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1st lieutenant 2d lieutenant account of disability Adjutant Adjutant-General advance Antietam army artillery August 20 battery battle of Antietam breastworks Bridgeport camp Captain captured charge Charles command commissioned officers Company F company May 31 comrades Confederate corporal crossed December 13 deserted August discharged on account division enemy enemy's enlisted August enlisted July enlisted September field fire Fourteenth Connecticut Volunteers Fourteenth Regiment Frederick Fredericksburg front George Gettysburg ground guns Hartford Henry hill hundred James John July 29 July 31 June killed Lieutenant-Colonel Lieutenant-Colonel Moore line of battle Major Hincks ment Middletown miles missing morning Morton's Ford moved mustered in August mustered in July mustered in September mustered private night o'clock October ordered passed picket position promoted Ream's Station rear rebel regi river road Second Corps September 17 shell shot side skirmish line slightly tered in August troops Waterbury William woods
Page 168 - For he who fights and runs away May live to fight another day ; But he who is in battle slain Can never rise and fight again.
Page 351 - These By-Laws may be altered or amended by a two-thirds vote of the members present at any regular meeting, subject to the provisions of the Rule Integrating The Florida Bar.
Page 152 - Slowly the great line moved forward until it reached the fence. The men mounted to cross when the word fire ! fire ! ran along the Union line, crack ! crack ! spoke out the musketry, and the men dropped from the fence as if swept by a gigantic sickle swung by some powerful force of nature.
Page 88 - ... fired upon by the rebels, wounding him slightly in the head and hip. All the rest of that awful day he lay still where he had fallen; three times our men charged over him, of course trampling on his wounded leg, while he, half-delirious, begged them to kill him to end his sufferings, óbut none had time then to attend to one poor wounded fellow. " That night he managed to crawl off to a little hut near the field, where some other wounded men had hung out a yellow flag. Here they lay, with a...
Page 48 - Troops didn't know what they were expected to do, and sometimes in the excitement, fired at their own men. Generals were the scarcest imaginable article, plentiful as they are generally supposed to be. We neither saw nor heard anything of our division commander after starting on our first charge early in the morning, but went in and came out, here and there, promiscuously, according to our own ideas through...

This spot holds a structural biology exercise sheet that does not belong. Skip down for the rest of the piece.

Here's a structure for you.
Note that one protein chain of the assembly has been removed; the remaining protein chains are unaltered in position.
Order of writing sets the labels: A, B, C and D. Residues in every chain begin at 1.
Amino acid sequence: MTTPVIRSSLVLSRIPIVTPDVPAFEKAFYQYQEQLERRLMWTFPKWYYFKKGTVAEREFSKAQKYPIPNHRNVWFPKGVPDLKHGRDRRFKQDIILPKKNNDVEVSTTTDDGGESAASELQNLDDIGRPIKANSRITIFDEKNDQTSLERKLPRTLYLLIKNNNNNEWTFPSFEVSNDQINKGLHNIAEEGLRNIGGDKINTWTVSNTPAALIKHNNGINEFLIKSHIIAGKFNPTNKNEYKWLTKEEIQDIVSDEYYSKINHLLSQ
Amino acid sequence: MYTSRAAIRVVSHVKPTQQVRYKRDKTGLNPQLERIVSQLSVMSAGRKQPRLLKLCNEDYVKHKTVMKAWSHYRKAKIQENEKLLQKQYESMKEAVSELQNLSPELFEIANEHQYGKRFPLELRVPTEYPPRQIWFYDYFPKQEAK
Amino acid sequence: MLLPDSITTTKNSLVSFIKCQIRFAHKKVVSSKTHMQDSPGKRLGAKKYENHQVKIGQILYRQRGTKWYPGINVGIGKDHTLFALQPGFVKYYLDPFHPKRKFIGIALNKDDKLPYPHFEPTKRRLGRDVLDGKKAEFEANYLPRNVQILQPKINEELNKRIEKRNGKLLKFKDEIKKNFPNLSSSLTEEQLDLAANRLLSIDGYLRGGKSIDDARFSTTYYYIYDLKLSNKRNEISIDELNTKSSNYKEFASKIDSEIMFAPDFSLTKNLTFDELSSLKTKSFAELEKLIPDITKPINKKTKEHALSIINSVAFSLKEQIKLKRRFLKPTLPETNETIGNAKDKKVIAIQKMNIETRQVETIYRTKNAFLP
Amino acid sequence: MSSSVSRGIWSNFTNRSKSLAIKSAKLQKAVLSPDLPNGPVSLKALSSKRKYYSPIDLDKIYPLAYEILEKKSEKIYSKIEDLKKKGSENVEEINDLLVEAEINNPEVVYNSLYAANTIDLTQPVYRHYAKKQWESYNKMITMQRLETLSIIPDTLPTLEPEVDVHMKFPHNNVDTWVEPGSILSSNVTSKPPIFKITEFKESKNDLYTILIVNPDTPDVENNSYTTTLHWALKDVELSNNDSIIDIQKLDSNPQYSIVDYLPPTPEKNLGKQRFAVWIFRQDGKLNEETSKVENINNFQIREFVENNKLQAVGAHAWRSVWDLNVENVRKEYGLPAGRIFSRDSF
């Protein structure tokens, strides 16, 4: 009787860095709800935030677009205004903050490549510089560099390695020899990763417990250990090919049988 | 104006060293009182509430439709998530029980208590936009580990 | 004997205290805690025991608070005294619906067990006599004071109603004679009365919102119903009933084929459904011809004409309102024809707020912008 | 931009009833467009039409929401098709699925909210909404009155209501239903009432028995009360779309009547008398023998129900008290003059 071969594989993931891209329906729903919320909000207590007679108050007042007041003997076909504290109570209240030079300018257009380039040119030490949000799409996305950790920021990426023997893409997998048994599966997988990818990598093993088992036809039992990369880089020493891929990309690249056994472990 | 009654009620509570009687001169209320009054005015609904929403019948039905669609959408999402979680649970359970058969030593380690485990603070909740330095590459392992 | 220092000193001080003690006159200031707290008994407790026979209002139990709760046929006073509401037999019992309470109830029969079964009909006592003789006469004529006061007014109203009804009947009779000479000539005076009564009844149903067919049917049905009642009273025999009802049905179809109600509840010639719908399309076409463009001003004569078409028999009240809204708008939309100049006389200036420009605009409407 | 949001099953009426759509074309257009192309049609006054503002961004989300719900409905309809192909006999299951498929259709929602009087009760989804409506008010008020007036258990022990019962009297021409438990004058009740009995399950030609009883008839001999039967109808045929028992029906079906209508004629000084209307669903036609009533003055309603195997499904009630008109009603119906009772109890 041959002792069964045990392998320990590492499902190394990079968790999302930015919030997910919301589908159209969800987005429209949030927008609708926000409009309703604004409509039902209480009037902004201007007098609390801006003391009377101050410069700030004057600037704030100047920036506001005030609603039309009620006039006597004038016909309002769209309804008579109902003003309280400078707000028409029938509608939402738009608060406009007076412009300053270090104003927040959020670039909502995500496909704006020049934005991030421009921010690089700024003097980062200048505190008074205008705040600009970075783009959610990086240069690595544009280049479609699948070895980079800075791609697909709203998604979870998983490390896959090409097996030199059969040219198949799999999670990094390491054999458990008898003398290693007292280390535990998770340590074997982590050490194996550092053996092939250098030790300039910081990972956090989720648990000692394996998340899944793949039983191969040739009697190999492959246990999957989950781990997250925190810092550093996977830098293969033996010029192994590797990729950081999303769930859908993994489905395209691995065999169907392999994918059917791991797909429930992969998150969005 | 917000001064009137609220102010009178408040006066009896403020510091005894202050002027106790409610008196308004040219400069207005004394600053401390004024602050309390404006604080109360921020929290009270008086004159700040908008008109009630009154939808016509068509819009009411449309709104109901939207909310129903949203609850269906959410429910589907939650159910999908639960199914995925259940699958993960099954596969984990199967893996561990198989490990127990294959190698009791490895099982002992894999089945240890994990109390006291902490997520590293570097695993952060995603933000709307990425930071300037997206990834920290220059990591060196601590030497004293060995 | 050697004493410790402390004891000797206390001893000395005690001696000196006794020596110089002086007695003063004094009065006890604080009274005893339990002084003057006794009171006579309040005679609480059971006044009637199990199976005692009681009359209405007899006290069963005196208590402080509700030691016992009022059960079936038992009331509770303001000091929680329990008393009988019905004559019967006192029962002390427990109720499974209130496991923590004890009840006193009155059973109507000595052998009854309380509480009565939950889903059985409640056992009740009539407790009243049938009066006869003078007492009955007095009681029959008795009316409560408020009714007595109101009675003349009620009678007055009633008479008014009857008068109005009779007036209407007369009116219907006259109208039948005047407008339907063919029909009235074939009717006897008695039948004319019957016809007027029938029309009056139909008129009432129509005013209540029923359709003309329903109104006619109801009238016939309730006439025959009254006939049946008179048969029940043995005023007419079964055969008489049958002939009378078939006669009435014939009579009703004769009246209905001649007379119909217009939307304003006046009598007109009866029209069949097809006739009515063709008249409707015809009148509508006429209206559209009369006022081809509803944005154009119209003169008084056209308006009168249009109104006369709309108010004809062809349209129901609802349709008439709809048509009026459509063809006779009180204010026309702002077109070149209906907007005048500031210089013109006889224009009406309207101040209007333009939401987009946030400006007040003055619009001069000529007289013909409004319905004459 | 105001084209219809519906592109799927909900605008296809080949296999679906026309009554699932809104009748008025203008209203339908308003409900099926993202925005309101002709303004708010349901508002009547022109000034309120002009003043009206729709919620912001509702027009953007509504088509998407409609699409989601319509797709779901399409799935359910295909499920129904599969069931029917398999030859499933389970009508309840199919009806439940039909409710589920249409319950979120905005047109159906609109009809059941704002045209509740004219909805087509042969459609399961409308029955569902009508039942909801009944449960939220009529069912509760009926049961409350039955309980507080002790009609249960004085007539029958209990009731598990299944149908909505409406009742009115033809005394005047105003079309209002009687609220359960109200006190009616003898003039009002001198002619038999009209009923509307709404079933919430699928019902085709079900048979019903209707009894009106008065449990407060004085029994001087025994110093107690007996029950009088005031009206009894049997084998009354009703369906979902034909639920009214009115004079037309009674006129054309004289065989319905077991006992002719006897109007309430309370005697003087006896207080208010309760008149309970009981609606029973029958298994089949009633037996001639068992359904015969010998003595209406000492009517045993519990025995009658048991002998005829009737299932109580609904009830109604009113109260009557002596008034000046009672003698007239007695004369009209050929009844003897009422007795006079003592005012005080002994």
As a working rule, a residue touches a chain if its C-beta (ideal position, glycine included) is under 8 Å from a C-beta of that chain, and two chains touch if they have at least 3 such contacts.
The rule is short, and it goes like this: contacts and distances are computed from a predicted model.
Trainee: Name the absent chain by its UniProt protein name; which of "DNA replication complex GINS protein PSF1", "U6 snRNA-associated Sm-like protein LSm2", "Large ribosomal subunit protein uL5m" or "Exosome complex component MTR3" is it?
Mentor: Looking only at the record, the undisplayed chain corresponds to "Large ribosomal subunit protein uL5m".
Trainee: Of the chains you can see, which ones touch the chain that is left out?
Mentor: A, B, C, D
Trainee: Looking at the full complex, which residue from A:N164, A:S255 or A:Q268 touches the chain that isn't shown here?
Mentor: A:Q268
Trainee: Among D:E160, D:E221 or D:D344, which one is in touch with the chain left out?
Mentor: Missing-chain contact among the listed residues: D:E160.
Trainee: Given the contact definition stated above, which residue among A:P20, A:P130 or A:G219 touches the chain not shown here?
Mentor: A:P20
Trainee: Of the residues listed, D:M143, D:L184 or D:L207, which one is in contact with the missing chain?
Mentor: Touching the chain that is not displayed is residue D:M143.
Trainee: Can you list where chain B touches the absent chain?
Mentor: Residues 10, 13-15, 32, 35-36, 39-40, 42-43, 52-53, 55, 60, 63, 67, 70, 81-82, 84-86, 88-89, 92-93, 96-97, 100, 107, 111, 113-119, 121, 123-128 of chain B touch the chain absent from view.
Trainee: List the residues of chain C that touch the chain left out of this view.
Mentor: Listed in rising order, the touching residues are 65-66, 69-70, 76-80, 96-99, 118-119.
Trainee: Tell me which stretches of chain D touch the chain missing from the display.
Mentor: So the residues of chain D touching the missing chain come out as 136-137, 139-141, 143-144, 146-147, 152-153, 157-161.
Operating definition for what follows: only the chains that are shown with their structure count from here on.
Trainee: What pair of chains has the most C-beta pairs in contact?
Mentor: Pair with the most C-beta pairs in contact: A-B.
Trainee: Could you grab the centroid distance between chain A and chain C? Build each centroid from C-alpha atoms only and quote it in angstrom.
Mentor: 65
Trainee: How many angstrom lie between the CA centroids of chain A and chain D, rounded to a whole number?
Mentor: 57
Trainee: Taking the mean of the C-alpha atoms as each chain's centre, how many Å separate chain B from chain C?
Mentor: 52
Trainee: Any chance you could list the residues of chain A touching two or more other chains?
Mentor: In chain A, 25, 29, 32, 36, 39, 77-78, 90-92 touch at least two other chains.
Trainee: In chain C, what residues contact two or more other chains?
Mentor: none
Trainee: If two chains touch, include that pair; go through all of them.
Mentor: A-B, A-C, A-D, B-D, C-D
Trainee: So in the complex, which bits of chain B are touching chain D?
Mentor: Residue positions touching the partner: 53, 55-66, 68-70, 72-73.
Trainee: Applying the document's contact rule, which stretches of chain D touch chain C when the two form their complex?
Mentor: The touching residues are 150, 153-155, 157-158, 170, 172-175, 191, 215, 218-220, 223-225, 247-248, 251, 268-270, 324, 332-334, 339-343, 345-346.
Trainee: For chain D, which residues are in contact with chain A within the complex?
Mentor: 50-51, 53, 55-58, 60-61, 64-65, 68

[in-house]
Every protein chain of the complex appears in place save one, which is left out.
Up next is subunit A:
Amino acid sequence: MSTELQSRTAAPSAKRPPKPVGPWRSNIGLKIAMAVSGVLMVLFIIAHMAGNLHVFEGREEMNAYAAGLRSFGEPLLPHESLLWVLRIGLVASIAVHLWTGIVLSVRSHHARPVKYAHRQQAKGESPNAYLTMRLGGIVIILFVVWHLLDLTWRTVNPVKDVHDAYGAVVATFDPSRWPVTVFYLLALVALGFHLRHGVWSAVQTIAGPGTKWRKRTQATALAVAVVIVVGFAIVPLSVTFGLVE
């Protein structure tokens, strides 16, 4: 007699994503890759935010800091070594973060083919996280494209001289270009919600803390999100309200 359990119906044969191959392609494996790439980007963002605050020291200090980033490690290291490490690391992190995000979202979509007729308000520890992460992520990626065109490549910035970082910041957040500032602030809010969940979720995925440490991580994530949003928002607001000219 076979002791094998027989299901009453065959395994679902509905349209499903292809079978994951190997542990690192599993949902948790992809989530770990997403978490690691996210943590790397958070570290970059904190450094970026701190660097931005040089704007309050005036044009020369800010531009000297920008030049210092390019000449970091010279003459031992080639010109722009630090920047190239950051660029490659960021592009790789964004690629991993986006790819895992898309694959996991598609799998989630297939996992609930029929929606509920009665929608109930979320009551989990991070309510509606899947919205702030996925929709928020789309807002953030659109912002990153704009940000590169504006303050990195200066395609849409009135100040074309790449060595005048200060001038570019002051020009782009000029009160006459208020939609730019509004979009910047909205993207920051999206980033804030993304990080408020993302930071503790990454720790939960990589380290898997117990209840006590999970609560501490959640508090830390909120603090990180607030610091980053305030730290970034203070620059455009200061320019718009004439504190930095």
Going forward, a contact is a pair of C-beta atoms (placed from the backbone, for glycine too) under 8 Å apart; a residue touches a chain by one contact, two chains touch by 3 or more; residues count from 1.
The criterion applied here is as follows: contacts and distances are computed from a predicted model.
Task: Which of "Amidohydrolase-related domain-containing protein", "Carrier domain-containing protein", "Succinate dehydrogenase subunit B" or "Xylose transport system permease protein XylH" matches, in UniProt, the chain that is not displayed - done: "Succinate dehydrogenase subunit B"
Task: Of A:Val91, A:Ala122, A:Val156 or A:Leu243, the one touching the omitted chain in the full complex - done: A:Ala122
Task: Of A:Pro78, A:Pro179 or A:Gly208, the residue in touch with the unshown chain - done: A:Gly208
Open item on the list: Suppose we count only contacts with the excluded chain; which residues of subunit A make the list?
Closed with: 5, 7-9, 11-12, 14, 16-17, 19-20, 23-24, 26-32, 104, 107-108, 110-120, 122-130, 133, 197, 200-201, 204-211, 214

Page 119 - The stampede of the Eleventh Corps was something curious and wonderful to behold. I have seen horses and cattle stampeded on the plains, blinded, apparently, by fright, rush over wagons, rocks, streams, any obstacle in the way; but never before or since, saw I thousands of men actuated seemingly by the same unreasoning fear that takes possession of a herd of animals. As the crowd of fugitives swept by the Chancellor house, the greatest efforts were made to check them; but those only stopped who were...
Page 150 - There was a complete calm, the clouds broke, and we could see the sun shining once more. Our neighbors of the battery, whose ammunition had some time since become exhausted, profited by the occasion to bring up their horses, which had not been killed or wounded, and withdrew their guns. . . . We rose from the ground and stretched our cramped limbs, and, in our inexperience, thought the battle was over, but Major Ellis was better posted than we. 'No,' said he, 'They mean to charge with all their infantry.
Page 88 - A few torn and blackened remnants of those fine regiments sternly retired to the city. The wounded were mainly brought off, though hundreds were killed in the benevolent task. The city is filled with the pieces of brave men who went whole into the conflict. Every basement and floor is covered with pools of blood. Limbs, in many houses, lie in heaps ; and surgeons are exhausted with their trying labors. But I will not sicken you with a recital of the horrors before us. Why our noble fellows were pushed...
Page 49 - ... and in trenches. Three hundred and fifty, I was told by one who helped to bury them, were taken this morning from one long rifle-pit which lay just in front of where the 14th (among other regiments) made their fight, and were buried in one trench. The air grows terribly offensive from the unburied bodies ; and a pestilence will speedily be bred if they are not put under ground. The most of the Union soldiers are now buried, but some of them only slightly. Think, now, of the horrors of such a...